Republican Party Becomes Largest Opposition Group In Parliament
By Olivia Lang and Shauna Aminath in Malé
August 7, 2008

The recently founded Republican Party has become the largest opposition group in the People’s Majlis (parliament) after three more parliamentarians announced they have joined, bringing the total up to nine.

The new party’s political clout looks set to continue growing after former finance minister Gasim Ibrahim, one of the richest men in the Maldives, joined at 8am Thursday morning, indicating he would be prepared to divest his business interests in order to run as the party’s presidential candidate.

At a press conference later on Thursday, party officials announced that MPs Abdullah Jabir, Mohamed Shihab and Mohamed Ibrahim Didi (Mody), have all signed up, along with three former members of the constitutional assembly and a former presidential appointee to parliament.

Reports also indicate former justice minister Mohamed Muiz Adnan has registered.


Two out of the three new parliamentarians are former members of the largest opposition Maldivian Democratic Party (MDP), with the other, Jabir, a former member of the government’s Dhivehi Raiyyithunge Party (DRP).

As part of a shift apparently triggered by the ratification of the country’s new constitution, Mohamed Waheed, Faisal Naseem and Ali Faiz, all elected members of the constitutional assembly until it was dissolved Thursday morning, have also been recruited to the Republicans.

And Dhiyana Saeed, a former presidential appointee and wife of Jabir, has also said she has registered.

Former Justice Minister Mohamed Muiz Adnan joined on Thursday afternoon, a reliable source told Minivan News, but Muiz Adnan has not confirmed this.

MP Mohamed Aslam and MDP president Mohamed Munnavar – who was divested of his MDP duties in June after failing to appear at the party office – were seen at the Republican Party office on Thursday and are suspected to be signing up, but have not made their decision public.

And party officials denied MP Ahmed “Sun Travel” Shiyam had joined, but told the press: “We only want to give their names when we are with them.”

Prior to Thursday, both the Maldivian Democratic Party (MDP) – the largest opposition party in terms of membership numbers – and the Republicans had six MPs.


Speaking to Minivan News on Thursday morning, Jabir said he had left the government’s Dhivehi Raiyyithunge Party (DRP) but said he was undecided about whether he would join the Republicans.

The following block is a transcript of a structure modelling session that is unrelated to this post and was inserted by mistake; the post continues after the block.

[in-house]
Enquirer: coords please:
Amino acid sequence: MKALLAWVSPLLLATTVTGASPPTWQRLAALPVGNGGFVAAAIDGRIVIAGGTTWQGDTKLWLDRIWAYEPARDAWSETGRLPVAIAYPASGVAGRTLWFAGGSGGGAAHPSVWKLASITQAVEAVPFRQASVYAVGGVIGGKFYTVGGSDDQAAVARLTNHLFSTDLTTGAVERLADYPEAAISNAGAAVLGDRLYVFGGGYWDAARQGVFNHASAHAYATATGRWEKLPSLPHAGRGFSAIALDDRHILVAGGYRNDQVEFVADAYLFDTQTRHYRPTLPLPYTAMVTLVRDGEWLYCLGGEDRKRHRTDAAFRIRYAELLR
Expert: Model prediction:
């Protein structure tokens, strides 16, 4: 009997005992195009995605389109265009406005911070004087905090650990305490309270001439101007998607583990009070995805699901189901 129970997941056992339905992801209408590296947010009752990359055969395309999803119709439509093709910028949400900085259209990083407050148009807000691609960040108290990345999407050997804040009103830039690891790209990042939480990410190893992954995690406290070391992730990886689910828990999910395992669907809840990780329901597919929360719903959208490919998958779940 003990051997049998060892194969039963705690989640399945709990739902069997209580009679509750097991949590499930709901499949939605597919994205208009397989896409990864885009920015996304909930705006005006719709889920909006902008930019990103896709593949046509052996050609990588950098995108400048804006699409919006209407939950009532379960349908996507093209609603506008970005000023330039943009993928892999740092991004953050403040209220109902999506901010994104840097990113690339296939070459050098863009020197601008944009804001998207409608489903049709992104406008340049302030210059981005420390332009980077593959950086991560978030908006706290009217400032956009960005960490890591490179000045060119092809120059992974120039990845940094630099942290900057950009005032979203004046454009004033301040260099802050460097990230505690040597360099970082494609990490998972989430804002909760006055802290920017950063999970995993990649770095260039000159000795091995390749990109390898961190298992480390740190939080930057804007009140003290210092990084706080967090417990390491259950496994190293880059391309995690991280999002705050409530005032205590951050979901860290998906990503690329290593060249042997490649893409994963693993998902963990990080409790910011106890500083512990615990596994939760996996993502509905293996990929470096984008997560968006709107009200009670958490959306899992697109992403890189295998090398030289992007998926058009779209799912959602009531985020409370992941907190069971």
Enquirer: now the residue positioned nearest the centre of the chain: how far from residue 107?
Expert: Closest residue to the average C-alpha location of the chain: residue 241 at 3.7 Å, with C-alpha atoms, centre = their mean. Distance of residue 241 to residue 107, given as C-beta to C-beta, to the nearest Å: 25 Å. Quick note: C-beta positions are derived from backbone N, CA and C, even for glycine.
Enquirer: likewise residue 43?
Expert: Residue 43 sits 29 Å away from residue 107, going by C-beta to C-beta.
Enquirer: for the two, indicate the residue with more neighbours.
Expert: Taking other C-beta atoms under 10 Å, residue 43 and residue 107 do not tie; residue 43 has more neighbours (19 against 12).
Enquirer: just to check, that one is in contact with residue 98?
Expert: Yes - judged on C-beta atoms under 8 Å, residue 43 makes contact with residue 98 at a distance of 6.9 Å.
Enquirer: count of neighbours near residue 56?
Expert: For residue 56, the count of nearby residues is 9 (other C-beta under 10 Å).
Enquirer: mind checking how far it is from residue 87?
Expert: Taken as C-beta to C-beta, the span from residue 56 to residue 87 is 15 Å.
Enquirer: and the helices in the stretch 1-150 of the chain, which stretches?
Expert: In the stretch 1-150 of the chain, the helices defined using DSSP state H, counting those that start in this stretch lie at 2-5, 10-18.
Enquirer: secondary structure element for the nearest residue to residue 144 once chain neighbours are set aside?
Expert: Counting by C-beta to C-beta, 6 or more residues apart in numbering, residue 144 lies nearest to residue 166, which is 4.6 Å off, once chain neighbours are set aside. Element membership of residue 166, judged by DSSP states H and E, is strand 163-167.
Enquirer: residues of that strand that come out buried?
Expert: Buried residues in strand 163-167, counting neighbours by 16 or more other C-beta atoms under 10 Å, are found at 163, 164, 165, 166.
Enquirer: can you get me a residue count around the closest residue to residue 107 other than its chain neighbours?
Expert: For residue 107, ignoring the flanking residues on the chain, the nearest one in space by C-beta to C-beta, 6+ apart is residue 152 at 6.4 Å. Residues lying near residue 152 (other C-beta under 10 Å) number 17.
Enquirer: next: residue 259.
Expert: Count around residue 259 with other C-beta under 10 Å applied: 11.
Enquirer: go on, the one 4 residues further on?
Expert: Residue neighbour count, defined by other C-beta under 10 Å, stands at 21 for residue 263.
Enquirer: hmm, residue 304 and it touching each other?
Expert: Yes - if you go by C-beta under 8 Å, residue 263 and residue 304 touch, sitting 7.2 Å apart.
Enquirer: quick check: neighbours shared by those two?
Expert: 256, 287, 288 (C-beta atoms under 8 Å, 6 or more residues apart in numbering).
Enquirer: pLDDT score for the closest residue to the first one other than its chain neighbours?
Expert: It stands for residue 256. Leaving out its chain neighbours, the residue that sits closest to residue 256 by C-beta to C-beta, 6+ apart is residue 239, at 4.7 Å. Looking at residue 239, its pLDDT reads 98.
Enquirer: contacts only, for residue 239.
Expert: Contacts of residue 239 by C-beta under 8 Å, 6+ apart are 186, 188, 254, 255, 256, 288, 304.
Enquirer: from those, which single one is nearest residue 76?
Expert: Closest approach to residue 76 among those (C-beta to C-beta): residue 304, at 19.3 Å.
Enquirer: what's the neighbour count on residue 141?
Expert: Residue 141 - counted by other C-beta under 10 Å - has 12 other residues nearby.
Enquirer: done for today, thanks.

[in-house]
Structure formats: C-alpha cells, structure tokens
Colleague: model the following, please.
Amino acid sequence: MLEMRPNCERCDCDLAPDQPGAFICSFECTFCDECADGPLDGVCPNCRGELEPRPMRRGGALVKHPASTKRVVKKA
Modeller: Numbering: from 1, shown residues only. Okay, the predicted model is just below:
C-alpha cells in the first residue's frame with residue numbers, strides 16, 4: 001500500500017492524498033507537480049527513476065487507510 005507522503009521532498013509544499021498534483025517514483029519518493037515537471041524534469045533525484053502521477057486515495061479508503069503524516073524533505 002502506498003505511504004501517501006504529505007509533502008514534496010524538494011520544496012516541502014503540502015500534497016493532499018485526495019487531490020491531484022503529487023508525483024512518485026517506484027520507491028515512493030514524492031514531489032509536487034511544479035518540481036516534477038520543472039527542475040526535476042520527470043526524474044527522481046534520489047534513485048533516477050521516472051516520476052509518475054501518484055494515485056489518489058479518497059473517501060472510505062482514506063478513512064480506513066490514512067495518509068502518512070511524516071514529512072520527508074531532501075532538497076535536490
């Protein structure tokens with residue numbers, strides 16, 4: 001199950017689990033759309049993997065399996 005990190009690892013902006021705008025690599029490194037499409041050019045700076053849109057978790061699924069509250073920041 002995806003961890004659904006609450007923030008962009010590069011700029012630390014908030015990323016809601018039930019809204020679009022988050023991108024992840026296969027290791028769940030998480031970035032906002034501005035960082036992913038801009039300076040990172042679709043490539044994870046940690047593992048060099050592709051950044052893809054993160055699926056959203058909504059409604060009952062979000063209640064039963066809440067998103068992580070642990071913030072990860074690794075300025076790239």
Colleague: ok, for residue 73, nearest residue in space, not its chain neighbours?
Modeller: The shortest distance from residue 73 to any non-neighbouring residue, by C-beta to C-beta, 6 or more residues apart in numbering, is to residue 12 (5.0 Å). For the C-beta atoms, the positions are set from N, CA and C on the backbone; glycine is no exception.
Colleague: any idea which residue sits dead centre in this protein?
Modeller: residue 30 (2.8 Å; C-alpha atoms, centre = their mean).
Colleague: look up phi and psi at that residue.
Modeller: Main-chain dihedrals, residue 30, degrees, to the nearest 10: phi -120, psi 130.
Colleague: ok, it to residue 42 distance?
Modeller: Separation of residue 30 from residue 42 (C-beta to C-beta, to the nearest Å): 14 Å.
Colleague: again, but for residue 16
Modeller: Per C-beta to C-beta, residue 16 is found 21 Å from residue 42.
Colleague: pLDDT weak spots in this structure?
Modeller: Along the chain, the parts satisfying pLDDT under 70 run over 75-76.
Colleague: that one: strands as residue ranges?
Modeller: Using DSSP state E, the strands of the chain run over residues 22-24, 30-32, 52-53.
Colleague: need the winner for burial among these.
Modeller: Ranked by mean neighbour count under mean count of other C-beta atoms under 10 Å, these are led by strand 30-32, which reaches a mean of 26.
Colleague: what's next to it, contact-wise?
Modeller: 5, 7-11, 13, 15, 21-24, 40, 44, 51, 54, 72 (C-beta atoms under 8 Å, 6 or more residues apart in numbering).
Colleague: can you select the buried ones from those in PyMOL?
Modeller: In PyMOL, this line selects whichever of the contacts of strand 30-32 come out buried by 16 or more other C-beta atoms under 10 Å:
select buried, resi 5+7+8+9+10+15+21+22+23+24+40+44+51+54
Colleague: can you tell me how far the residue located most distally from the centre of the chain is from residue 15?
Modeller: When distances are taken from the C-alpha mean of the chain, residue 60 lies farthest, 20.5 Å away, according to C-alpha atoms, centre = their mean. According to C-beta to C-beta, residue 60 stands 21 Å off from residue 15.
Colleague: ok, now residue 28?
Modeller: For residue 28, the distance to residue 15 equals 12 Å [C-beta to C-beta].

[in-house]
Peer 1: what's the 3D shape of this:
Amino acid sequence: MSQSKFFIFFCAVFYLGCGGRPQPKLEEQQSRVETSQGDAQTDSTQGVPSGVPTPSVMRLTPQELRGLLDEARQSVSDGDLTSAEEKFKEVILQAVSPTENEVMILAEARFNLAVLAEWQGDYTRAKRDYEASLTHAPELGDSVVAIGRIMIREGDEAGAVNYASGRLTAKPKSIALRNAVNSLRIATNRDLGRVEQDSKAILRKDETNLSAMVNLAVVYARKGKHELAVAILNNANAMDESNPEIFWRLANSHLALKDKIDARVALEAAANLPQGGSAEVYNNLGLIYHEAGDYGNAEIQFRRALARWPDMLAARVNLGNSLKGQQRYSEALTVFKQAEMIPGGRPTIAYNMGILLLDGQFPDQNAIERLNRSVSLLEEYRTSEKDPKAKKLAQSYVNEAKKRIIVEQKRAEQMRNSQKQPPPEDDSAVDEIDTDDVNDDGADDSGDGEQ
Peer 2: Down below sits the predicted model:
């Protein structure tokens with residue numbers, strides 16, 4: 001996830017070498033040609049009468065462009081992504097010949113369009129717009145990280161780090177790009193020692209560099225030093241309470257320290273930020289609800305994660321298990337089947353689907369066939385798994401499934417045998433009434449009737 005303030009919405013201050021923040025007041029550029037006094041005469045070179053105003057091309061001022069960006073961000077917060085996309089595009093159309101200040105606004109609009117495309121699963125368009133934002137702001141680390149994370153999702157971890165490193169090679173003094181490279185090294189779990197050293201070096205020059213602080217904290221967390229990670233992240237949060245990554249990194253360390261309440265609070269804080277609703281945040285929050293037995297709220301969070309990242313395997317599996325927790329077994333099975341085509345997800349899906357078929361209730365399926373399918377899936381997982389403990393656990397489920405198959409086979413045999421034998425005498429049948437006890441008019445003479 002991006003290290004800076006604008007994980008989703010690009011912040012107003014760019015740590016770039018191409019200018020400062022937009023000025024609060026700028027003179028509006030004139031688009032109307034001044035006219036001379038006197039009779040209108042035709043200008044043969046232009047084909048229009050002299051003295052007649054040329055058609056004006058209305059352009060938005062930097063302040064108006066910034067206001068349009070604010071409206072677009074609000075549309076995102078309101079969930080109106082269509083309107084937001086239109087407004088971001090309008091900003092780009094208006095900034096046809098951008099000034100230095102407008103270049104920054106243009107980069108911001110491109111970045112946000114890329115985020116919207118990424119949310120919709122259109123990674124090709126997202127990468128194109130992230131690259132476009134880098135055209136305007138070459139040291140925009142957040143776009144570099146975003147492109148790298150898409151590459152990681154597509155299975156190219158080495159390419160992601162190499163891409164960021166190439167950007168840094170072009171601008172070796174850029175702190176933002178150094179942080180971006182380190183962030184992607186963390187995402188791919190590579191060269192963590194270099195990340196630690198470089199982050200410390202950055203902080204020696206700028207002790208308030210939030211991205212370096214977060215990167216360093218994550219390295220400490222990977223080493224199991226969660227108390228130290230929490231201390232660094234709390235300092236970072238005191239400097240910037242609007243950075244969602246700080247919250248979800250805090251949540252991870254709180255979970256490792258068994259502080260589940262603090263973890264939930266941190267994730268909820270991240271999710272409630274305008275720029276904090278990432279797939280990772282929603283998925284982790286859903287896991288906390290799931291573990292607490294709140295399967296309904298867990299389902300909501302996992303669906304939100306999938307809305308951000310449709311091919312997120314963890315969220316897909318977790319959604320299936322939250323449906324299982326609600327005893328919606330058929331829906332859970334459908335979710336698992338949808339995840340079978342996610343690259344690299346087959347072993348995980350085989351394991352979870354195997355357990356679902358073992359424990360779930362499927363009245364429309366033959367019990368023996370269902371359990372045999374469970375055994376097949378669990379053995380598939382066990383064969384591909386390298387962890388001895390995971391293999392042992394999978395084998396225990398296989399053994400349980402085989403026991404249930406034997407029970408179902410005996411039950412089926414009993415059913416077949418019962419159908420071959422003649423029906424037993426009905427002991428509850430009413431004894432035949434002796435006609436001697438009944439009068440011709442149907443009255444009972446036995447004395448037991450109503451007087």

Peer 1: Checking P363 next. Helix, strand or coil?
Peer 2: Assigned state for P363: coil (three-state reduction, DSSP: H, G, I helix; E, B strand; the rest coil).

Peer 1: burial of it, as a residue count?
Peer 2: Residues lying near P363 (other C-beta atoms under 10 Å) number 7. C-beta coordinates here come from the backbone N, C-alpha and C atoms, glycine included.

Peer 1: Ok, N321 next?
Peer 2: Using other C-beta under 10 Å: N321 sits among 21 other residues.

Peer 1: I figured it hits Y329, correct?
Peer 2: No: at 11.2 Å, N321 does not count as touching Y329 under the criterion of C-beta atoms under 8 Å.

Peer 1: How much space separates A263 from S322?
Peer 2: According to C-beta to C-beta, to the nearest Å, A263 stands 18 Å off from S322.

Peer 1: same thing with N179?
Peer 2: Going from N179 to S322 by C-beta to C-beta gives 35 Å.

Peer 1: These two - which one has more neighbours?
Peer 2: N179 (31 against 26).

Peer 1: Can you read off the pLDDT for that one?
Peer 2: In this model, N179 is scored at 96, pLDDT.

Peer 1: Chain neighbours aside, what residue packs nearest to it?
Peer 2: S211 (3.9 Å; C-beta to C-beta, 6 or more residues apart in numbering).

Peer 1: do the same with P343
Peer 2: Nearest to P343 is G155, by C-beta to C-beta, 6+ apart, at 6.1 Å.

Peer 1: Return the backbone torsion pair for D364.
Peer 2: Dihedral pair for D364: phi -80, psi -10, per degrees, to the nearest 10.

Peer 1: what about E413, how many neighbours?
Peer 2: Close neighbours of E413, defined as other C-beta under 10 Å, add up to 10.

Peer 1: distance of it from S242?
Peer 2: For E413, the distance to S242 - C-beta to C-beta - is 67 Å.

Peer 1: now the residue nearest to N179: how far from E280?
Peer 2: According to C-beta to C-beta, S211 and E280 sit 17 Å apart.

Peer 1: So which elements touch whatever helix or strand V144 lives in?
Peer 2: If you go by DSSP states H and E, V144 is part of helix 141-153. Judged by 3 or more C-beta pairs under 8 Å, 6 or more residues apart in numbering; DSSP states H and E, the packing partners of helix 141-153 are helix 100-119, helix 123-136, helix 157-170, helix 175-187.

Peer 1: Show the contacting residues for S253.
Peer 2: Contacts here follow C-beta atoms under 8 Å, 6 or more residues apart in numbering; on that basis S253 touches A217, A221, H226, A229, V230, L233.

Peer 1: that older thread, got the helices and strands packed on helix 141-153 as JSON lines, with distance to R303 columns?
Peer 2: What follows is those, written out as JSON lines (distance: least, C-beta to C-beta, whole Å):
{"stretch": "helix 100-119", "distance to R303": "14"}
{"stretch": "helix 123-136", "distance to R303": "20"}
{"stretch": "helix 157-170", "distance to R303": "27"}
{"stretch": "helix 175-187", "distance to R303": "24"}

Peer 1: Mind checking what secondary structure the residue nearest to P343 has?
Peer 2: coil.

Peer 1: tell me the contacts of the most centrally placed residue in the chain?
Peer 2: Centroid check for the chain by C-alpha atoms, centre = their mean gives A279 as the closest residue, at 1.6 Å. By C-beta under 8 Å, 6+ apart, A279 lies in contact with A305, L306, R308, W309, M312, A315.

“I’ll see who is the leader of the Republican Party and what is their agenda. How many members they have, what is their programme. I will make a decision in a few days,” he said.

But by late Thursday afternoon, his membership of the Republican Party was made public.

While previously unclear about the new party’s aims and values, party officials said on Thursday: “Our party will be issue-based. We have no problems with joining the National Unity Alliance [of opposition groups]. We are working for the national cause - if that is what we need to do, we will do it.”


Nashid told press the party was undecided on a presidential nominee, saying its national congress would decide, but said the Republicans would hold no primary.“We will have someone that does not need campaigning,” he reiterated Thursday.

“We will only select someone who will be easily marketable to the public,” Jabir added, also saying he did not rule out trying for the presidential candidacy himself.

Journalists questioned whether selection of a candidate could be a democratic process if the party already had someone in mind, but Nashid said only that congress would make a decision.

Challenged by journalists about Gasim’s involvement in the party, Gasim said: “This is not Gasim Ibrahim’s party,” whilst Nashid said the group had received no funds from Gasim. And Mody said, “our priority is not based on businesses.”

Since its formation was announced in May, the Republican Party has been widely associated with Gasim. But his move to join the party and make the link public was apparently prompted by the ratification of the constitution, meaning Gasim’s previous role as Speaker of the constitutional assembly was over.


Gasim, who heads the Villa group of companies and is widely considered the wealthiest man in the country, has indicated he would be open to becoming a presidential candidate.

But Information Minister Mohamed Nasheed says Gasim is ineligible for the presidency, due to a regulation in the new constitution which forbids ministers from maintaining an “active involvement” in business.

And presidential candidate for the largest opposition Maldivian Democratic Party (MDP) Mohamed Nasheed (Anni) said there were “many articles that are against business interests” in the constitution. He then launched a public attack on politicians with business interests at a televised MDP rally Thursday night.

“One of the major aims in this constitution was to separate personal business interests from the state…Of course he can transfer [his businesses], but it’s not what’s written on paper, it’s what you believe in. What you believe in will not change,” Anni told Minivan News.

But presidential candidate for the Social Liberal Party Ibrahim Ismail (Ibra), who was chair of the constitutional drafting committee, says he does not believe the clause would block Gasim from running.

Gasim told Minivan News:“I know what the constitution says. I headed the amendments. I know what is necessary to be done. Thasmeen [Ali, now Gayoom’s running mate] divested his business. If I will be in such a position, I would be prepared to do so.”

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